What are Retained Earnings?
Retained earnings are another method of internal sources of finance. Actually, it is not a method of raising finance, but it is called an accumulation of profits by a company for its expansion and diversification activities.
Retained earnings are called under different names such as; self-finance, inter-finance, and plugging back of profits.
According to the Companies, Act 1956 certain percentage, as prescribed by the central government (not exceeding 10%) of the net profits after tax of a financial year has to be compulsorily transferred to reserve by a company before declaring dividends for the year.
Under the retained earnings sources of finance, a part of the total profits is transferred to various reserves such as general reserves, replacement funds, reserves for repairs and renewals, reserve funds and secrete reserves, etc.
Advantages of Retained Earnings
These are the following advantages of retained earnings:
- Useful for Expansion and Diversification
- Economical Sources of Finance
- No Fixed Obligation
- Flexible Sources
- Increase Share Value
- Avoid Excessive Tax
- Increase Earning Capacity
Useful for Expansion and Diversification
Retained earnings are most useful for the expansion and diversification of business activities.
Economical Sources of Finance
Retained earnings are one of the least costly sources of finance since it does not involve any floatation cost as in the case of raising funds by issuing different types of securities.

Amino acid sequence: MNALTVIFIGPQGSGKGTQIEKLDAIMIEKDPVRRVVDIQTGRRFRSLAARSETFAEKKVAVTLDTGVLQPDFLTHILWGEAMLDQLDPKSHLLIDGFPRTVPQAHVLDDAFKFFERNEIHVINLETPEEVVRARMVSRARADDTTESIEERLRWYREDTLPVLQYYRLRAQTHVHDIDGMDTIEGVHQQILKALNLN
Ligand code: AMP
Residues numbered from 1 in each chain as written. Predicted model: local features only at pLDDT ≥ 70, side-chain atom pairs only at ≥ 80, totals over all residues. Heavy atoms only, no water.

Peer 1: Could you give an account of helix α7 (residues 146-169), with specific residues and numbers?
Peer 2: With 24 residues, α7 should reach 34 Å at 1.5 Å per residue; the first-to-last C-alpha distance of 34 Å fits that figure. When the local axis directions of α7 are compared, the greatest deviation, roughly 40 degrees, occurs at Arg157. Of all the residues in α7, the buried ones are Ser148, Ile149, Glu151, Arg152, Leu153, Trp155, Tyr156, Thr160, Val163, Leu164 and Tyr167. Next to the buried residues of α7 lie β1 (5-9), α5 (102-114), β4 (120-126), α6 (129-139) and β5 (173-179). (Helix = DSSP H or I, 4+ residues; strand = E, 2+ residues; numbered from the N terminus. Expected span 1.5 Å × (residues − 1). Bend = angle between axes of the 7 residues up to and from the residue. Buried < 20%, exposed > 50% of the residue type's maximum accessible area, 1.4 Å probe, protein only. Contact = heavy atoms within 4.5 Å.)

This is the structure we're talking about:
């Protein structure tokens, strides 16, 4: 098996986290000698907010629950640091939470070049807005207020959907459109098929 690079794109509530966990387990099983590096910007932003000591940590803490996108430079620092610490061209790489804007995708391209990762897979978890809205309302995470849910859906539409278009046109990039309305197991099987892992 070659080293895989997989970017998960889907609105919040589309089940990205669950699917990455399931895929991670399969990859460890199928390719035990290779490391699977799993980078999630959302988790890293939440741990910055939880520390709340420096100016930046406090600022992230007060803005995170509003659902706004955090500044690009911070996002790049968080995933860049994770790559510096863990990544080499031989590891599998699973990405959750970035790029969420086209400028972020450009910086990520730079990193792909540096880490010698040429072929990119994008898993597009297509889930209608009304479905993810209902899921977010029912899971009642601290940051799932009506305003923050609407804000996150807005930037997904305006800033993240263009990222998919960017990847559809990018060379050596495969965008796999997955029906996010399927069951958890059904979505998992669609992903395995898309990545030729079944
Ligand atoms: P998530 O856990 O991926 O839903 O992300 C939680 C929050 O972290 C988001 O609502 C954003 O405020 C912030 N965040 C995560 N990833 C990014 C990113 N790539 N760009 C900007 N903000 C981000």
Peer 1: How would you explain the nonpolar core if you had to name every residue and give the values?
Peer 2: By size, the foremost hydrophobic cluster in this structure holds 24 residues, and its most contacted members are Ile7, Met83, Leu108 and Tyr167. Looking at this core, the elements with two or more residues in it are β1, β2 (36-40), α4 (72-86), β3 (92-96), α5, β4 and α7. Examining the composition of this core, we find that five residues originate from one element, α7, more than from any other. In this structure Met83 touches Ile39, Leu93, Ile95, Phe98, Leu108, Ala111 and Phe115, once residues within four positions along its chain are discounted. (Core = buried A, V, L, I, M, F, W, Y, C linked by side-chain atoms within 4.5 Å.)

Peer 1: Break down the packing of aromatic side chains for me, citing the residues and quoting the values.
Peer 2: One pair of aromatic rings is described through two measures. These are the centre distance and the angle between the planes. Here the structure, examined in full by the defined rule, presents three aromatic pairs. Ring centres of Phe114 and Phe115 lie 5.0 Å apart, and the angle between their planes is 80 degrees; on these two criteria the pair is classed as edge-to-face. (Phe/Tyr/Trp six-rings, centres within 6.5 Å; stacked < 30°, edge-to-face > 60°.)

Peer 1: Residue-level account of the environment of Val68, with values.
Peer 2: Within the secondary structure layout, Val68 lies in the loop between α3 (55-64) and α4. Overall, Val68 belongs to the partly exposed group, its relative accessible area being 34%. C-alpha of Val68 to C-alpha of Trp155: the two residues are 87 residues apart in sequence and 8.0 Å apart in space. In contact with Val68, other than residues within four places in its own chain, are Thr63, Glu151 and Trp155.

No Fixed Obligation
If the companies use equity finance they have to pay dividends and if the companies use debt finance, they have to pay interest. But if the company uses retained earnings as a source of finance, they need not pay any fixed obligation regarding the payment of dividends or interest.
Retained earnings allow the financial structure to remain completely flexible. The company need not raise loans for further requirements if it has retained earnings.
Increase Share Value
When the company uses retained earnings as the source of finance for its financial requirements, the cost of capital is very cheaper than the other sources of finance; Hence the value of the share will increase.
Avoid Excessive Tax
Retained earnings provide opportunities for the evasion of excessive tax in a company when it has a small number of shareholders.
Increase Earning Capacity
Retained earnings consist of the least cost of capital and also it is most suitable to those companies which go for diversification and expansion.
Disadvantages of Retained Earnings
Let’s talk about the disadvantages of retained earnings which explain below:
The management can misuse the retained earnings by manipulating the value of the shares in the stock market.
Leads to Monopolies
Excessive use of retained earnings leads to a monopolistic attitude of the company.
Retained earnings lead to overcapitalization because if the company uses more and more retained earnings, it leads to an insufficient source of finance.
Retained earnings lead to tax evasion. Since the company reduces tax burden through retained earnings.
If the company uses retained earnings as a source of finance, the shareholder can’t get more dividends. So, the shareholder does not like to use retained earnings as the source of finance in all situations.
FAQs About the Retained Earnings
What do you mean by retained earnings?
Retained earnings are another method of internal sources of finance. Actually, it is not a method of raising finance, but it is called an accumulation of profits by a company for its expansion and diversification activities. Retained earnings are called under different names such as; self-finance, inter-finance, and plugging back of profits.
What are the advantages of retained earnings?
The advantages of retained earnings are:
1. Useful for Expansion and Diversification
2. Economical Sources of Finance
3. No Fixed Obligation
4. Flexible Sources
5. Increase Share Value
6. Avoid Excessive Tax
7. Increase Earning Capacity.
What are the disadvantages of retained earnings?
The disadvantages of retained earnings are:
2. Leads to Monopolies
4. Tax Evasion